The 529 plan that you choose should also provide diverse investment options through various asset classes. We typically recommend our clients open a 529 plan through my529, a Utah program, unless they will receive a tax benefit by opening a 529 plan in their home state. My529 offers quality investment options and flexibility with minimal fees. Many states do offer tax deductions for contributions to a 529 plan, however. If you live in New York and use the New York 529 plan, for example, you can deduct up to $10,000 annually. This sometimes, but not always, gives your home state’s plan an edge in financial comparisons.

Ensuring that your account is properly and diversely invested will provide your best strategy for long-term growth. Just as in all financial planning, there is no one-size-fits-all approach for selecting the mix of assets in a 529 account. The beneficiary’s age will affect the account’s investment strategy, since this effectively determines the investments’ time horizon. The younger your child, the more benefit you will likely see from a relatively aggressive asset allocation. We recommend starting your account with a 100 percent equity allocation and transitioning to more conservative investments as the time for college nears. The process of adjusting the account’s asset allocation as you approach a goal – in this case, your child’s college enrollment – is commonly known as an account’s “glide path.”

For many savers, we recommend maintaining a 100 percent equity allocation for younger beneficiaries, typically until they reach age 12. Around this time, you should start shifting 10 percent of the portfolio to fixed-income investments each year, to decrease the portfolio’s level of risk. This glide path will result in a 100 percent conservative allocation by the child’s last year of college in a four-year degree program, assuming he or she goes directly into a program after high school.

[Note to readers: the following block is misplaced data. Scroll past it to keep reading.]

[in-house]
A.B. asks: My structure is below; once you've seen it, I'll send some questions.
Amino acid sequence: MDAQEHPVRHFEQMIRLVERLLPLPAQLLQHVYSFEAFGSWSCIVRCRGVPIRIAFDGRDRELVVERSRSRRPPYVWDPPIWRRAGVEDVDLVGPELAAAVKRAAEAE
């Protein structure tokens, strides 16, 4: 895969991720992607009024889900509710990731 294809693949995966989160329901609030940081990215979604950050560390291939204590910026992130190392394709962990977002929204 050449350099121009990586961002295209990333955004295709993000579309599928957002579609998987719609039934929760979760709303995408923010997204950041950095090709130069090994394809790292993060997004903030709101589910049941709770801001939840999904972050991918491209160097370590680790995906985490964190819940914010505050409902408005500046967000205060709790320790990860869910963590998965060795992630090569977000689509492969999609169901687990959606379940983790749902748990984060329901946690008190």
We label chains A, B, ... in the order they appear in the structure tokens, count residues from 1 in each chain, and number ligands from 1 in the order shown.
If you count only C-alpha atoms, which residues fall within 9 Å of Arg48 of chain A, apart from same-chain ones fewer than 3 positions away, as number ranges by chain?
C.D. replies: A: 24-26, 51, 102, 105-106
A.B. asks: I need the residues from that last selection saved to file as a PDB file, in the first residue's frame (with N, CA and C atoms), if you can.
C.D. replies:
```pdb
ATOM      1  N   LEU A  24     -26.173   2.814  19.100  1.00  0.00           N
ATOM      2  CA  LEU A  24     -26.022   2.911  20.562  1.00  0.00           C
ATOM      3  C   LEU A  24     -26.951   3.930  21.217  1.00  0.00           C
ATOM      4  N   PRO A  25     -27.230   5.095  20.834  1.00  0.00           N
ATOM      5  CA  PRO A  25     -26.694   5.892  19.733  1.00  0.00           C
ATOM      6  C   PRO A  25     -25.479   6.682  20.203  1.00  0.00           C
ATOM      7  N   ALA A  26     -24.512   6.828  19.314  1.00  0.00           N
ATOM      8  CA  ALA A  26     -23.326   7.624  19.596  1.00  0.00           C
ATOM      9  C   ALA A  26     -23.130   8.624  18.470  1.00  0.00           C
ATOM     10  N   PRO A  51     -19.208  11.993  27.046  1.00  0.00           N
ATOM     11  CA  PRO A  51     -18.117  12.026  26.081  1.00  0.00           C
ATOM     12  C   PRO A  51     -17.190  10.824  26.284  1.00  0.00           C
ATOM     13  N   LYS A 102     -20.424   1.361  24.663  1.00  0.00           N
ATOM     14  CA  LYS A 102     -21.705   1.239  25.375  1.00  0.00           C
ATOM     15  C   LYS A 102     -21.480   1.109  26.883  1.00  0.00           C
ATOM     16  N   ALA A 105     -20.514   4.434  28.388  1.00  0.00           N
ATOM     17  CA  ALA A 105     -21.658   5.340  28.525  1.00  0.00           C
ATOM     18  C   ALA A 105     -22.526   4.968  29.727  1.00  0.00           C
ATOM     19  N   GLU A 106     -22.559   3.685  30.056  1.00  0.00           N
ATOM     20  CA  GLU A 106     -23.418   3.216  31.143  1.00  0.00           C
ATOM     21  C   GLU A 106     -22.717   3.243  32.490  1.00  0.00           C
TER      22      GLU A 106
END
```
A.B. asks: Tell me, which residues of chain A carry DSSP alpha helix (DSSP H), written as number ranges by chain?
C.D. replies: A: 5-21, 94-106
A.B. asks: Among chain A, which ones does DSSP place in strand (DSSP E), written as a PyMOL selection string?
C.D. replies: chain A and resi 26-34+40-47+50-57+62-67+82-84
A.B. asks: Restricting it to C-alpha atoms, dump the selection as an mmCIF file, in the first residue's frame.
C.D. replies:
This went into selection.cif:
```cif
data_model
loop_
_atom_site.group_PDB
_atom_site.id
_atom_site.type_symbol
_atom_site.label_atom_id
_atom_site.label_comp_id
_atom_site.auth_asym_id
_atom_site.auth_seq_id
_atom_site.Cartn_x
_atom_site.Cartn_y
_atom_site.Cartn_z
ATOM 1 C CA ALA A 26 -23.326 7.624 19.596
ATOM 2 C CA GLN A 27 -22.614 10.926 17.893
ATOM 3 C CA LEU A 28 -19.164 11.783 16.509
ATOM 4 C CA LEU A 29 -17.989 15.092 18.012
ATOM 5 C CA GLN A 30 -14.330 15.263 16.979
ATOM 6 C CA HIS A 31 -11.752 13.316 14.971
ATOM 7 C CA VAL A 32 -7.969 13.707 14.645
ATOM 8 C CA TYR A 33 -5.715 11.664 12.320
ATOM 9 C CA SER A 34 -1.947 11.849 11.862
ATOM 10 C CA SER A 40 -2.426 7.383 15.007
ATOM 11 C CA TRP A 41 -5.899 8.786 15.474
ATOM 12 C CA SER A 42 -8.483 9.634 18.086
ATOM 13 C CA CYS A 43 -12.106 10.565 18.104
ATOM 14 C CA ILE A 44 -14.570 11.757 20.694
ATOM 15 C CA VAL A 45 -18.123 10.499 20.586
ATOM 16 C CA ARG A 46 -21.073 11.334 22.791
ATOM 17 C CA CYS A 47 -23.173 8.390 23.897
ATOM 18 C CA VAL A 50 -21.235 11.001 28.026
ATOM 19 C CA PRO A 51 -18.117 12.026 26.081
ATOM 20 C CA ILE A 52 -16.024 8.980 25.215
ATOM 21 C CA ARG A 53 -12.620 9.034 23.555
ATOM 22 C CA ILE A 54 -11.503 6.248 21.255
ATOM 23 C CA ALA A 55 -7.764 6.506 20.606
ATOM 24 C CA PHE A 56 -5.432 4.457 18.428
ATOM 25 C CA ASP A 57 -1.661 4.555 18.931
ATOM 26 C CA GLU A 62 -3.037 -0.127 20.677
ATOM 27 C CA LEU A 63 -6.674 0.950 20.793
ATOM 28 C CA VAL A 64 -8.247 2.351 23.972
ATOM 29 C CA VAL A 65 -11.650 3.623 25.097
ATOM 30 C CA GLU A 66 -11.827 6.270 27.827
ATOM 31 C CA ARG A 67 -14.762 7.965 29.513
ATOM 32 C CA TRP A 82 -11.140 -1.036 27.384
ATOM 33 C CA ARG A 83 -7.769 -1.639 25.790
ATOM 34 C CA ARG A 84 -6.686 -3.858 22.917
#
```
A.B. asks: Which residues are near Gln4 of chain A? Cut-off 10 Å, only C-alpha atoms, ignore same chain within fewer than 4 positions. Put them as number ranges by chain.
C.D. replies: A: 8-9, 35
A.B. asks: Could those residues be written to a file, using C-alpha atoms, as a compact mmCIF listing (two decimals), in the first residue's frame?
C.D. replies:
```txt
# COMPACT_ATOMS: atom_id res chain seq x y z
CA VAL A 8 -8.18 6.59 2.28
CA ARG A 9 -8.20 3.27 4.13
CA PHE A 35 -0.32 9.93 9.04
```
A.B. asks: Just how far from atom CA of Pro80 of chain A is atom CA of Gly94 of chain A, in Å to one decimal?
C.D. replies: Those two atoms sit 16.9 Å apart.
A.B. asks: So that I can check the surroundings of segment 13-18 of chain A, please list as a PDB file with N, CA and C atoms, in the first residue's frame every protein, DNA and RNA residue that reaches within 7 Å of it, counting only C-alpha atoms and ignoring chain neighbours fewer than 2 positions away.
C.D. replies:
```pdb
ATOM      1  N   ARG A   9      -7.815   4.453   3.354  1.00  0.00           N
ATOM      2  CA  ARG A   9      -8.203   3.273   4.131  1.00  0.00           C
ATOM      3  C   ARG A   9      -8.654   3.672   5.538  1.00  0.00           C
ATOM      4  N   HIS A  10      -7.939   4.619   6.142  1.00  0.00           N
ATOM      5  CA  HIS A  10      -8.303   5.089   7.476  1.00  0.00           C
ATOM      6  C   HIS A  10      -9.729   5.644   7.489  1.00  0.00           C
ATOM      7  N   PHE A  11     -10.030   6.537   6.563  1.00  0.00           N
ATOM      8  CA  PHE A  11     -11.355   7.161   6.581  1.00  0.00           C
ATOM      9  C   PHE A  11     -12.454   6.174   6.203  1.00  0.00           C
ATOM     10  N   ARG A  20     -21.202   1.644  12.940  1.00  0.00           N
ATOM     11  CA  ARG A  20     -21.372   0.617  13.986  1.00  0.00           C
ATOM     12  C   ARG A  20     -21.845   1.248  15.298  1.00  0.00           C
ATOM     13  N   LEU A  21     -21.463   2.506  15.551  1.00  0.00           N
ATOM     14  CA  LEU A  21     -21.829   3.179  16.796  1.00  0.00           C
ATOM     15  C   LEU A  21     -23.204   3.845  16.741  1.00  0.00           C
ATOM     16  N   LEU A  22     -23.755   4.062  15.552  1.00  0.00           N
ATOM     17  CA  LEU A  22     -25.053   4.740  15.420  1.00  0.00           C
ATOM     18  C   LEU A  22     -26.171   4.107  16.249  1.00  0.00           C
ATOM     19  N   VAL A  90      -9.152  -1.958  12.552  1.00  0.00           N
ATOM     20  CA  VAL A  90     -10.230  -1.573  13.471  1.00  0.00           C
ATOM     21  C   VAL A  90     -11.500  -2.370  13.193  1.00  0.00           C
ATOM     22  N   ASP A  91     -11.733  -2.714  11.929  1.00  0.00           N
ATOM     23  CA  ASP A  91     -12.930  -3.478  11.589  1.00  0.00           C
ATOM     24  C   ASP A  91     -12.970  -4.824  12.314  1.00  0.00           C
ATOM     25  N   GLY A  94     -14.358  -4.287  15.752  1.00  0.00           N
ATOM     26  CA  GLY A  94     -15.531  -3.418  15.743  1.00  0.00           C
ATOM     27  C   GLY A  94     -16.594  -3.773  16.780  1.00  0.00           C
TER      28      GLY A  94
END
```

You may also choose a static portfolio, where the allocation is initially set to remain the same throughout the life of the account. The account owner can still make manual adjustments, if need be; like any portfolio, you should never simply set an asset allocation and then walk away entirely. The asset allocation of your 529 account should reflect your tolerance for risk.

If your 529 account balance exceeds the beneficiary’s undergraduate education costs, you have other ways to use the excess funds without triggering tax consequences. You can use the remaining assets to cover further education costs, such as graduate school tuition. You can roll over the funds into the college savings account of the beneficiary’s siblings, or your child could eventually name his or her own children as successor beneficiaries of the account. Even if the beneficiary decides not to go to college at all, you can change the beneficiary outright, as long as the new beneficiary is related to the previous beneficiary. This could even include transferring the account to the original beneficiary’s aunts, uncles, nieces, nephews or first cousins.

Once you select a 529 plan and begin to make contributions, beware of gift tax consequences. Contributions to 529 accounts qualify for the annual federal gift tax exclusion, which means you can give up to that amount ($15,000 in 2018) per beneficiary without any tax consequences. You can also make a lump sum gift – up to $75,000, or $150,000 for married couples, in 2018 – and elect to split it evenly across five years on a pro-rated basis in order to avoid owing tax on the gift.

If you do not plan to start with a large initial contribution, rest easy; initial minimum contributions to 529 accounts are generally low. While specifics vary by state, in many cases the minimum can be as low as $25. For most states, you can continue to contribute to the account until the balance for a particular beneficiary reaches a preset amount, ranging from $235,000 to $520,000 depending on the state and plan type. Bear in mind, too, that anyone can contribute to the account on a beneficiary’s behalf. Consider asking for contributions as a baby shower gift or in lieu of birthday presents for young children to help kick off your savings early.

Parents of newborns face dozens of decisions every day. What type of crib to use? What is the best way to swaddle? While answering these questions will help your baby sleep well, answering the question of how you will save for your child’s college education will help you sleep well too.